This third point is worth unpacking in the context of the USA-Iran tensions. In the UK parliament on Wednesday 8th January, Prime Minister Boris Johnson and Opposition Leader Jeremy Corbyn clashed over whether the US drone attack on Soleimani was legal or not. The legality of the strike hinges on whether there was sufficient evidence of an imminent threat to the USA posed by Soleimani, that warranted the military intervention undertaken. Obviously, I am in no position to say one way or the other, for the purported evidence is yet to be made public. But it is a question that the international community must raise.
It also goes without saying that threatening international war crimes over Twitter seems to fly in the face of the principle Just Authority.
2. Just Cause
This principle states that war is only just if it is done for a morally just and good cause, such as self-defence, defence of another, or the restoration of a good that was previously denied, rather than for selfish or sinful motives, such as vengeance, ideological displeasure, or an exertion of power. Again, this is biblically rooted; in Micah 6:8, God commands the Israelites “He has shown you, O mortal, what is good. And what does the Lord require of you? To act justly and to love mercy and to walk humbly with your God.”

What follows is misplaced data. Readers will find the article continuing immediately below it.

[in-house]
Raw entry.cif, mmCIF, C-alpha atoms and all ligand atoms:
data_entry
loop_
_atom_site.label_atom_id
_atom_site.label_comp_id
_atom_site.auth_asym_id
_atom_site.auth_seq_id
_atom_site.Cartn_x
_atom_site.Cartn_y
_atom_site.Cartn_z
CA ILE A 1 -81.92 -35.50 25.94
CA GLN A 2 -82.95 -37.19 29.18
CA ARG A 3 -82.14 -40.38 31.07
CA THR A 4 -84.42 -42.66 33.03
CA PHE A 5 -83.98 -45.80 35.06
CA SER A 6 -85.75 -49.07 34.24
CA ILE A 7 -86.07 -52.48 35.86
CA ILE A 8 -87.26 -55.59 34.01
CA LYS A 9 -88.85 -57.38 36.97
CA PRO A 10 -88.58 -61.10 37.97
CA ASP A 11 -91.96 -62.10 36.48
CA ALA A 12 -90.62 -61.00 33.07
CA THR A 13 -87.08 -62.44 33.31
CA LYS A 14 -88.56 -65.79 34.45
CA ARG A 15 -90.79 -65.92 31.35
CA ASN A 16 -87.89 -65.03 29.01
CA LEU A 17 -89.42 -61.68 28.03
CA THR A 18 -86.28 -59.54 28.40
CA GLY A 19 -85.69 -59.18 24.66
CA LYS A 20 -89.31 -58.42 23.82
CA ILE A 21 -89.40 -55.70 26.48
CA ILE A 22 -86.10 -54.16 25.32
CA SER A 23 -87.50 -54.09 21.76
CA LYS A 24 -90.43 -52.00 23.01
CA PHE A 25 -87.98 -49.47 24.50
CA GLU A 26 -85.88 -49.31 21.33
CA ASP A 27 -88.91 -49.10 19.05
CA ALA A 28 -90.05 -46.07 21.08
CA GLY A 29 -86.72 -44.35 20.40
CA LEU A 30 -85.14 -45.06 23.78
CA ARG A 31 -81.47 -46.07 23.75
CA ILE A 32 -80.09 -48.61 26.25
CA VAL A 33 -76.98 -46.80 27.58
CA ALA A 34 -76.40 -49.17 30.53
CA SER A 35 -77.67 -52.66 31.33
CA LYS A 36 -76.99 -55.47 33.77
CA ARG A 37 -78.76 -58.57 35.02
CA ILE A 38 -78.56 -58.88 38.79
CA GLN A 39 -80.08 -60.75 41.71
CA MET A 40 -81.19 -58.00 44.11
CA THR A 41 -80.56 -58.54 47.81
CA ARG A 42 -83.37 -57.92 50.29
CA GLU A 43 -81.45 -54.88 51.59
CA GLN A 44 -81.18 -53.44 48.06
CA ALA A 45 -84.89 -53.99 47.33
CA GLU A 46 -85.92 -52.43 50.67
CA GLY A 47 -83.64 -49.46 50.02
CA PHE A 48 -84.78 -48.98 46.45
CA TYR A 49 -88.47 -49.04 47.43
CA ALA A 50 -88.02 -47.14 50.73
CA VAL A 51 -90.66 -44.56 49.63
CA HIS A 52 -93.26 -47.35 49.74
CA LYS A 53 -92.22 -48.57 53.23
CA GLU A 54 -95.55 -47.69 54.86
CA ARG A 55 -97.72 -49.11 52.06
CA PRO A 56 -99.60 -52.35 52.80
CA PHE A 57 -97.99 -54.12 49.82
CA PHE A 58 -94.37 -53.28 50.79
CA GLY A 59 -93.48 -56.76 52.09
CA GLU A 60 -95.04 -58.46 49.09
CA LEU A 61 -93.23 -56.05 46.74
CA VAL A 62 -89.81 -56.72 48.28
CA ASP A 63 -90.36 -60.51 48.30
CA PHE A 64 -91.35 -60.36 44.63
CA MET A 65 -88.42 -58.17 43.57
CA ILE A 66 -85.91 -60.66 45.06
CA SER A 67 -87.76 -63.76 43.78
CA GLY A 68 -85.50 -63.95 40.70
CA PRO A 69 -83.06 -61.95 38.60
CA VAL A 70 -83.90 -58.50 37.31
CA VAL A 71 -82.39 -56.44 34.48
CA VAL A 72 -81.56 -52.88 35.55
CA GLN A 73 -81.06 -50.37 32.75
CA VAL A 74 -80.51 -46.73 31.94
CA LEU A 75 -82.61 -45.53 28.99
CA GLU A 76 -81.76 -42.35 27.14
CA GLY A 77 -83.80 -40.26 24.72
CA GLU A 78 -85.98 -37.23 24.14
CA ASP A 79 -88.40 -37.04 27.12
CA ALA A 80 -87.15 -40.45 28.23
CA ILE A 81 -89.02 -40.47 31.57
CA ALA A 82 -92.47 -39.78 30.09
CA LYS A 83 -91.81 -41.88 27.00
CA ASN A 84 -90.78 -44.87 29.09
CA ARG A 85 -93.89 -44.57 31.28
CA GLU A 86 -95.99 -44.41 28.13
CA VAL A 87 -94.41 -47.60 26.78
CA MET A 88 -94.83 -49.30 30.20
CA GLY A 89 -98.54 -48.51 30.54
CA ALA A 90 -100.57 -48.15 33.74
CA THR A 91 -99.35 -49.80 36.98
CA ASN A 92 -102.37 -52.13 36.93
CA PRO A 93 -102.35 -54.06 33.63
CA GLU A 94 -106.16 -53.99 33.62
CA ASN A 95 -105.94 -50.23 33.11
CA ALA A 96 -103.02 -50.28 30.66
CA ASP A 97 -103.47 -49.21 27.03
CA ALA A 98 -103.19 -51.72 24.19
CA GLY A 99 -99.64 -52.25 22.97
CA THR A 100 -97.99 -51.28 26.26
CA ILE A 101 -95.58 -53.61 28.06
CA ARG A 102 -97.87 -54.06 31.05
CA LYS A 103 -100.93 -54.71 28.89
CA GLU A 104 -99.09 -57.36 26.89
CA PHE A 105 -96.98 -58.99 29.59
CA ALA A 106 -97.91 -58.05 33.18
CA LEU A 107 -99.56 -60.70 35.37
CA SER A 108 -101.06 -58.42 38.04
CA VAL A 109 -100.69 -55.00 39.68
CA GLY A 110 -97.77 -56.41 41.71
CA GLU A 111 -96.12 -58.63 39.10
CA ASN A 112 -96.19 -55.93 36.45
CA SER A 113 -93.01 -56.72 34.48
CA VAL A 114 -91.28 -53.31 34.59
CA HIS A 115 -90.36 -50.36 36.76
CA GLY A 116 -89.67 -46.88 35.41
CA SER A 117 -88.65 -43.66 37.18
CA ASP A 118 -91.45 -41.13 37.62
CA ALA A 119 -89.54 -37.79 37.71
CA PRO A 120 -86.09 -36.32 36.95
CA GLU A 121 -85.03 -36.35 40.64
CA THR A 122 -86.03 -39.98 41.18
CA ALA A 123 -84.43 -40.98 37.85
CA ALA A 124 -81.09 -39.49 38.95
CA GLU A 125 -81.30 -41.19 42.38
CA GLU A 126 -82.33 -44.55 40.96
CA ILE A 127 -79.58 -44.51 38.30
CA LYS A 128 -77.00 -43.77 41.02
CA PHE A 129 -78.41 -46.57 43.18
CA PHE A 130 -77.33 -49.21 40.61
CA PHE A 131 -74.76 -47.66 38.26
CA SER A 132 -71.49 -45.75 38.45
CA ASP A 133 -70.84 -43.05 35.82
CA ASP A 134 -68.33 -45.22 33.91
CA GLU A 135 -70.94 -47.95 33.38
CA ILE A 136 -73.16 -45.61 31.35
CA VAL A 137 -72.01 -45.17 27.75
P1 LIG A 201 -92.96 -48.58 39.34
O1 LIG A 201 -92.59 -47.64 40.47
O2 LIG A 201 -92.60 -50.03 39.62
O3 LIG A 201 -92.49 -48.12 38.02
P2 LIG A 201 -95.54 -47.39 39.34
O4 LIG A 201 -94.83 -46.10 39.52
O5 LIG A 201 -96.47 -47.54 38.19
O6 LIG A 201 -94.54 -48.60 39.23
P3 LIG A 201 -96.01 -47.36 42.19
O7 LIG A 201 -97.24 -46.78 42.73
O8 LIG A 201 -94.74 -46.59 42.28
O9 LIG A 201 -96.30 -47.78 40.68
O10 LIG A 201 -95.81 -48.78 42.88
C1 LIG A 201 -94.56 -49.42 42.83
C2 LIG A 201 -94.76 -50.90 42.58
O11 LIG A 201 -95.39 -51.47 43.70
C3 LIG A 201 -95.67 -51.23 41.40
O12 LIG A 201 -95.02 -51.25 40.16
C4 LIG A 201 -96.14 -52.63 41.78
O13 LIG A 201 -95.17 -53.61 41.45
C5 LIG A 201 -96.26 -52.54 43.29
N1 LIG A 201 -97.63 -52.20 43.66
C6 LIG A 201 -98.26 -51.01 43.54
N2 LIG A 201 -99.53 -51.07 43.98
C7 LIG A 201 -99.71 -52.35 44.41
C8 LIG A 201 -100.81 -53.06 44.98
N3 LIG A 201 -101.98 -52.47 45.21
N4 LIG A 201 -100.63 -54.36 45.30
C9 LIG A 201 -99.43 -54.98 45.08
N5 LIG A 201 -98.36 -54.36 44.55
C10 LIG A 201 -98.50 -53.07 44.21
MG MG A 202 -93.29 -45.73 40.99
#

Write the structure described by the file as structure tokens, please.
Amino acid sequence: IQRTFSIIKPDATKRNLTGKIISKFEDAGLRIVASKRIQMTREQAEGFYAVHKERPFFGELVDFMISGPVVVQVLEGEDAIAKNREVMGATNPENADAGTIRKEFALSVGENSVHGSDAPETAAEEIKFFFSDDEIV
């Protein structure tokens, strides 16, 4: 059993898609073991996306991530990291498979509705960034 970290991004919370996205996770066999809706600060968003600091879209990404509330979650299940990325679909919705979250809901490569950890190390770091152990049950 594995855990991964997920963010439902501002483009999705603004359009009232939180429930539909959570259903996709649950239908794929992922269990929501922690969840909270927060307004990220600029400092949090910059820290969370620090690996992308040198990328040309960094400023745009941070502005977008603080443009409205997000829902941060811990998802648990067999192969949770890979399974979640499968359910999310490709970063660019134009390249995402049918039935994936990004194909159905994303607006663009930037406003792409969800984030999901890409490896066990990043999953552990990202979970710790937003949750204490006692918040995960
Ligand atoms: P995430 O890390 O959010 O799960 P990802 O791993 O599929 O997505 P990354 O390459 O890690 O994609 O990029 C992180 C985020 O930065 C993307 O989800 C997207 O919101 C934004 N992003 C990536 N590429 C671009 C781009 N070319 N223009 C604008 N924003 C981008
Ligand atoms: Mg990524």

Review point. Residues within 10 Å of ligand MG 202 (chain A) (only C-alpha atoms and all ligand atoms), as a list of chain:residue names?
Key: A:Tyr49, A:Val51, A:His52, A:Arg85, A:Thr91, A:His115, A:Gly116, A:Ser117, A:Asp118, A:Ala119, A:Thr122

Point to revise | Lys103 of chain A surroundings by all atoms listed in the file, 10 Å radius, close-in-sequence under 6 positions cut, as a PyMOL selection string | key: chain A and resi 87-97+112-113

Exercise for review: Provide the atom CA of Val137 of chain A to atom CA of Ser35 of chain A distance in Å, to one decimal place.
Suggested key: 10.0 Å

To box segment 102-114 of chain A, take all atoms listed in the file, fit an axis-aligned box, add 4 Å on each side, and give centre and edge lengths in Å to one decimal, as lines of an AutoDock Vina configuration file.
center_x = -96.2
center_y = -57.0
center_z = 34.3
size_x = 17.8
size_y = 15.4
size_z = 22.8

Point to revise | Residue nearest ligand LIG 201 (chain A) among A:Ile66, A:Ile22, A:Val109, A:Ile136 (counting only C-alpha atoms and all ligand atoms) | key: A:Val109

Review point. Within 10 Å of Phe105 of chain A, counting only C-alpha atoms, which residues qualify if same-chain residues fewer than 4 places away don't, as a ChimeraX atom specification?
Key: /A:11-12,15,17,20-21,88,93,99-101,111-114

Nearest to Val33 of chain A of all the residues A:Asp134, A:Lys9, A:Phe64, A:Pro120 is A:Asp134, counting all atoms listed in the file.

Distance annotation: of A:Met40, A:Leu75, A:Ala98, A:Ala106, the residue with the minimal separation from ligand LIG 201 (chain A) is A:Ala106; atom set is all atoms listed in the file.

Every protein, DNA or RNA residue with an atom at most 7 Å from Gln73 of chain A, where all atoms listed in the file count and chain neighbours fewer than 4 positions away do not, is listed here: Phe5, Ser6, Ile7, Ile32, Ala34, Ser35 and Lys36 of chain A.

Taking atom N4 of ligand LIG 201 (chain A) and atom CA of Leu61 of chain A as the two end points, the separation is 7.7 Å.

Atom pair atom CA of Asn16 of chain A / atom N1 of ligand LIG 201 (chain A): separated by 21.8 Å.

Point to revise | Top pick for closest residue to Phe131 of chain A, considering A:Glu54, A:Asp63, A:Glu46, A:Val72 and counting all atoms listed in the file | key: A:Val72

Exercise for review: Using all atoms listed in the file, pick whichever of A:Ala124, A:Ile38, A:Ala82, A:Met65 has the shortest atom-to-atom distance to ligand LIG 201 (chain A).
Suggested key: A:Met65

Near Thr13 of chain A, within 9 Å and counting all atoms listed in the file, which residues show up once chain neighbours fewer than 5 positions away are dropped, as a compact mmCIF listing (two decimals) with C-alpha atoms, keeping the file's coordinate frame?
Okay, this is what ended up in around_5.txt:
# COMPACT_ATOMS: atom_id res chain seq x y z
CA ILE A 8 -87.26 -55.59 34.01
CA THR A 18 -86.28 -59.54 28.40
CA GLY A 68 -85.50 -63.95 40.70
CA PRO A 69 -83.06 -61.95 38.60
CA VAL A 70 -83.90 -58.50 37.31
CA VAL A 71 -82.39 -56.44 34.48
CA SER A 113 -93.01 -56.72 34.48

It is this principle that often fuels political debates around the justification of specific military interventions. Is a war simply an ideologically-driven exertion of power? Or is there morally justifiable reason for intervention? Clearly these discussions are complex and situation-specific. I think most would agree that the RAF were justified in taking to the skies during the Battle of Britain. I think many people would agree that there was just cause for the US Navy Seals’ assignation of Osama bin Laden in 2011. But was there just cause for the UK to intervene in the Falklands? Or in Afghanistan? Or Iraq?